The Blogging Church: Sharing the Story of Your Church Through Blogs

May 30, 2007 by

2007_05_30bloggingchurch.jpgBrian Bailey and Terry Storch have put together a book that’s near and dear to our hearts. It lays out the why and the how of church blogging. We’re big fans of blogging, in case you couldn’t tell (I’ve been at it personally since 1998). It’s a natural tool for a community-based organization like the church, and its tendency for open, honest communication makes it a valuable antidote to the misconception of churches as weird, unfriendly, judgmental, hypocritical, corrupt or whatever negative adjective you’ve heard.

If you’re looking for a new way to communicate about your church–whether you’re a pastor, staff member or lay person (OK, it doesn’t directly address lay people, but lay people like me can recommend it)–The Blogging Church is for you. It includes helpful interviews with pro bloggers like Robert Scoble (author of another book on blogging), Kathy Sierra and Guy Kawasaki, as well as church bloggers like Mark Batterson, Perry Noble, Craig Groeschel, Mark Driscoll and Tony Morgan–oh yeah, and us. We should probably say up front that we’re interviewed in the book (page 75, in case you’re wondering) and mentioned a few times as an example.

I think churches need to find ways to stop behaving like ancient organizations and start connecting with people. This isn’t the way you’ve always done it, but that doesn’t mean it can’t work. This book answers a lot of the questions and can help you figure out if blogging might be for your church and then how to make it happen.

As much as I like the book and did recommend it to my pastor, it does have a few faults, like the fact that like any tech book it will become quickly dated. But I think its most notable fault is the readability. It reads somewhat awkwardly. It’s not obvious or horrible, but it was something I couldn’t put my finger on that nagged me throughout my reading.

But the overall message and advice is one pastors need to hear–you need to share the story of your church, and blogs can help.

Post By:

Kevin D. Hendricks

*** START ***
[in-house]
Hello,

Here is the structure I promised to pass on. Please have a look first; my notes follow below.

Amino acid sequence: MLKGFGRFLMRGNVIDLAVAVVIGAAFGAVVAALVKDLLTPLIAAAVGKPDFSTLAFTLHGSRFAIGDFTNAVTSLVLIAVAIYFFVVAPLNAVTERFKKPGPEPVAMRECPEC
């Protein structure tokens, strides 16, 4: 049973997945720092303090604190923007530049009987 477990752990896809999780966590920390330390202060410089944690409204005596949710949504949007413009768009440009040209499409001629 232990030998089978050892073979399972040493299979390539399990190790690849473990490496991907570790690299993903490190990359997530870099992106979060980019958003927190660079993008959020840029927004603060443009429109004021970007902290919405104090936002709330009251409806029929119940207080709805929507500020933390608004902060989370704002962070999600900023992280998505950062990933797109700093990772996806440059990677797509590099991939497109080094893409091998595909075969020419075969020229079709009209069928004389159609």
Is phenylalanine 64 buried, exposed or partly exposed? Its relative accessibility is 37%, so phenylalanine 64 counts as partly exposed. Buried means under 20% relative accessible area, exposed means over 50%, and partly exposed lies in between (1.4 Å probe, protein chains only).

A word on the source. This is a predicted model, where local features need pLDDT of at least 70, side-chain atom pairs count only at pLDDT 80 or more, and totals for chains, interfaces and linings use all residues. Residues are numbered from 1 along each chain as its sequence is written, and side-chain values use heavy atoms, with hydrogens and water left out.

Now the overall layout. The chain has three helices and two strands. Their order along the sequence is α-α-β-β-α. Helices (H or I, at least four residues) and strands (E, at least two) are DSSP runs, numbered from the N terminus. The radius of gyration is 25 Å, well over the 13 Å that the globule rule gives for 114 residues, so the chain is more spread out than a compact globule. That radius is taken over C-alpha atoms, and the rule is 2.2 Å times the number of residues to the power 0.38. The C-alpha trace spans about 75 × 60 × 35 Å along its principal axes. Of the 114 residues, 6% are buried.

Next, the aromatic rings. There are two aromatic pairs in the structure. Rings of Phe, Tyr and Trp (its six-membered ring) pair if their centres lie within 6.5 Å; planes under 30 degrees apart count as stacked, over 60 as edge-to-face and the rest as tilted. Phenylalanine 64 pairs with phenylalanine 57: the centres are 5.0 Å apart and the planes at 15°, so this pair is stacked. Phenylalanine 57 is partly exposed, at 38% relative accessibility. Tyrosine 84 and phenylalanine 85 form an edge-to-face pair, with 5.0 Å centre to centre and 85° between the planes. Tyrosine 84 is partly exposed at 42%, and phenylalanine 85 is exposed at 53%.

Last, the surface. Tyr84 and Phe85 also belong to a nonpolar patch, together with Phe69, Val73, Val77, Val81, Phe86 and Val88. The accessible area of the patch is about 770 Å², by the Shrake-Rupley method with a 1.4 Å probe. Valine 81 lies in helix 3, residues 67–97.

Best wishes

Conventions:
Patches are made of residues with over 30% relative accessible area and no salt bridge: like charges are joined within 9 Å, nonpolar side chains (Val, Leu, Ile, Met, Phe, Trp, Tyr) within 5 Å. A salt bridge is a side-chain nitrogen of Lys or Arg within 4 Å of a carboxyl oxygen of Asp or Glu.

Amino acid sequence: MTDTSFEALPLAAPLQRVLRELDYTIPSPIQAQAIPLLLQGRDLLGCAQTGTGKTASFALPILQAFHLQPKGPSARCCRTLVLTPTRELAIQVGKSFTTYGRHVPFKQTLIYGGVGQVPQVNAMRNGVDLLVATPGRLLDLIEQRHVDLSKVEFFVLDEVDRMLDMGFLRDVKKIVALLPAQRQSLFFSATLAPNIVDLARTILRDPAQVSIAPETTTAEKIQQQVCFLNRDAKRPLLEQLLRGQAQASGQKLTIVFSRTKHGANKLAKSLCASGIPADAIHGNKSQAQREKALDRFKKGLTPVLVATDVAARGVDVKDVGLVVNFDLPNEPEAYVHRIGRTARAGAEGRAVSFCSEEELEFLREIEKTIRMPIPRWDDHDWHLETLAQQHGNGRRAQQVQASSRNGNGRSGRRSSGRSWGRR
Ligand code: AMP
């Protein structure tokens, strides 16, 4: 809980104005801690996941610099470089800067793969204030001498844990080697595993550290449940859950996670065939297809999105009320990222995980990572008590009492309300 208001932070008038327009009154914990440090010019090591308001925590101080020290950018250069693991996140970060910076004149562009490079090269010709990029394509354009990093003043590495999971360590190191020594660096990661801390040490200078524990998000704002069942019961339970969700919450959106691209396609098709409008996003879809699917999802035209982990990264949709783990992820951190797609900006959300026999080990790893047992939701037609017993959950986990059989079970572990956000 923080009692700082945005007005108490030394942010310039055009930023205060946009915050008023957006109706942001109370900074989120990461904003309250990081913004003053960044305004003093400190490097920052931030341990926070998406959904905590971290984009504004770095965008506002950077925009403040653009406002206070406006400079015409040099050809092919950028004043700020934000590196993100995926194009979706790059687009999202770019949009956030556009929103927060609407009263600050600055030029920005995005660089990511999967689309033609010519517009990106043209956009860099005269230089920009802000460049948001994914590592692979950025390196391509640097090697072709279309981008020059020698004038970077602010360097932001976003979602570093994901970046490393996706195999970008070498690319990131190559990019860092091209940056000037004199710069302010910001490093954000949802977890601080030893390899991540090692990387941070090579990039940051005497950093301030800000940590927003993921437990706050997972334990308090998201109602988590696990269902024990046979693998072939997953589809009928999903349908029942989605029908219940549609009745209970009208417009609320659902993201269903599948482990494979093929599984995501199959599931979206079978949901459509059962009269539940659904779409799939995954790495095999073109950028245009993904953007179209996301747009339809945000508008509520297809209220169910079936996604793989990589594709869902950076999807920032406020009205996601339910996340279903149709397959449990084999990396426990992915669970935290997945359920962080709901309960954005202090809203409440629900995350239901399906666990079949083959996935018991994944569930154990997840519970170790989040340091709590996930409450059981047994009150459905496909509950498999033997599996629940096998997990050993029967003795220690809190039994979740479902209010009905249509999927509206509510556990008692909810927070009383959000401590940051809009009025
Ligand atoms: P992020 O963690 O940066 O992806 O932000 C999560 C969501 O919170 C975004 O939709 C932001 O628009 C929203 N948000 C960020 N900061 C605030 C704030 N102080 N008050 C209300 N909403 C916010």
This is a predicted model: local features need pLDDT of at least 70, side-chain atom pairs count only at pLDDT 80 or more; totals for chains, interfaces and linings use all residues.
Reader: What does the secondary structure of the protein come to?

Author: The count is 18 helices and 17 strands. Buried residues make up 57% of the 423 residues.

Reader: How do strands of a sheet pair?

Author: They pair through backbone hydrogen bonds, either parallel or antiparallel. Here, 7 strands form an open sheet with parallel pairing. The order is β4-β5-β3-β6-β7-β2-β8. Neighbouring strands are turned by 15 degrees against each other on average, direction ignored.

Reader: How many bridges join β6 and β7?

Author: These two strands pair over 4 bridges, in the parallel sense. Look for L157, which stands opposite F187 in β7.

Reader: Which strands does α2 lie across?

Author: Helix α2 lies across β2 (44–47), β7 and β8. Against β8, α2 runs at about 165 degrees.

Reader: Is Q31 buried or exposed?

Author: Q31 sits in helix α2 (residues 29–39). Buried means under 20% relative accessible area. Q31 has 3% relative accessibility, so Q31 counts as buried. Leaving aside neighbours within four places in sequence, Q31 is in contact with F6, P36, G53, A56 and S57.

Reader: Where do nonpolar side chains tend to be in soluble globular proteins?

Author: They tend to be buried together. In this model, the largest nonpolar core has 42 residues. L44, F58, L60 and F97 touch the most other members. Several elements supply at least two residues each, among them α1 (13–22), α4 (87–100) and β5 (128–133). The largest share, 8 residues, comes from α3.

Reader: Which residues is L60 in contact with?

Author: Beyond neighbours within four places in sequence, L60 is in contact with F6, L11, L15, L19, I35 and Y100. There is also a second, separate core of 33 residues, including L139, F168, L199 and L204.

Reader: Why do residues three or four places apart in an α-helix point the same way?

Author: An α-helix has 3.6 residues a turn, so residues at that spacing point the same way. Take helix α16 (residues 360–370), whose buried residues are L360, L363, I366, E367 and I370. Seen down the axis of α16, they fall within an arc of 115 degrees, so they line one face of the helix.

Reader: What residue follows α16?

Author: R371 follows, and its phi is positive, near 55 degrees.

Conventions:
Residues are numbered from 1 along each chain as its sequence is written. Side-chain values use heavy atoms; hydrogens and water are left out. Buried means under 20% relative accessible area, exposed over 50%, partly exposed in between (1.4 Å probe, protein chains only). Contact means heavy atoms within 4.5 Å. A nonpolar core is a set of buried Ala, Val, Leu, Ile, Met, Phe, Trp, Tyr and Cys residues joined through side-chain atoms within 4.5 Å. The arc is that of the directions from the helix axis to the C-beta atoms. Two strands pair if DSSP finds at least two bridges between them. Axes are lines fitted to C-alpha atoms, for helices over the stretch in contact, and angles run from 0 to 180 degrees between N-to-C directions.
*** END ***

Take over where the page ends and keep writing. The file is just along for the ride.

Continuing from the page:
When Kevin isn't busy as the editor of Church Marketing Sucks, he runs his own writing and editing company, Monkey Outta Nowhere. Kevin has been blogging since 1998, runs the hyperlocal site West St. Paul Reader, and has published several books, including 137 Books in One Year: How to Fall in Love With Reading, The Stephanies and all of our church communication books.
Read more posts by | Want to write for us?

6 Responses to “The Blogging Church: Sharing the Story of Your Church Through Blogs”

  • Mean Dean
    May 30, 2007

    Kevin you’re killin me! I gotta travel to Kuala Lumpur this weekend and wish you had mentioned this earlier so I could have had some excellent reading material!
    Either way, thanks for bringing it to my attention – definately a topic that needs to be discussed – like I need to tell you guys that !-)
    But along those lines, I do have to wonder, how many of the readers of this book (or your blog) will be both doers and hearers (readers) of these words of wisdom?
    Meaning, while I find pastors everywhere whom agree with such technologies and advice – I don’t find as many being adopters of it.

     | Permalink
  • Don Gulley
    May 30, 2007

    I agree…this is a great book for pastors to read and understand how the church can be more effective in its communication. Our church has recenlty switched all of our online information sharing to blogs…so for each campus you go to you can get the information,etc through a blog. Although we are still working on getting the story out but we are getting better.

     | Permalink
  • Terry Storch
    May 30, 2007

    Thanks Kevin for the props. We are excited about the book and really appreciate you guys helping churches not suck!!

     | Permalink
  • Ron
    May 31, 2007

    I got a copy when it was first released, eager to see what they had to say. Though I agree the flow of the book lacks a bit, it is full of both good theory about communication and practical advice for those who venture into blogging. My suggestion: purchase one copy and share it with your church staff or a group of pastors. Since it may have a short shelf-life (because technology changes rapidly), there’s no need to keep this on a bookshelf. Share the blogging love with others!

     | Permalink
  • Mike
    June 3, 2007

    A buddy of mine and I (we have extensive backgrounds in banking and credit union software) recently formed a company to start working on ‘fun’ projects. Turns out many of these projects will involve churches, since we are both Christians and active church members.
    Our first project to actually be installed out there is a church weblog aggregator. By church weblog I mean the blogs of the people of the church (including a couple staff with more coming soon).
    Even though it’s only been out there for a little while, it’s amazing how much connection you start to find when you follow the blogs of your church.
    It’s still in what I’d call early alpha. We have tons of features to add, a few bugs to fix, and plenty of general clean up. But you can see our homechurch’s test page at:
    I know this comment is kind of spammy, but I thought it was so close to the topic that I’d mention it. We’d love to add a couple more churches for testing purposes.

     | Permalink
  • Michael
    June 8, 2007

    I’m totally new to the world of blogs. I just finished reading the book a couple of weeks ago and decided to take the plunge to become a blogging pastor and a blogging church. I’m the pastor of a small-town, traditional church, and so far, I’ve really enjoyed posting stories about church members, events, and various musings. Thank you, Brian Bailey and Terry Storch for publishing the book!
    I’m learning a lot from church too! What a great name!

     | Permalink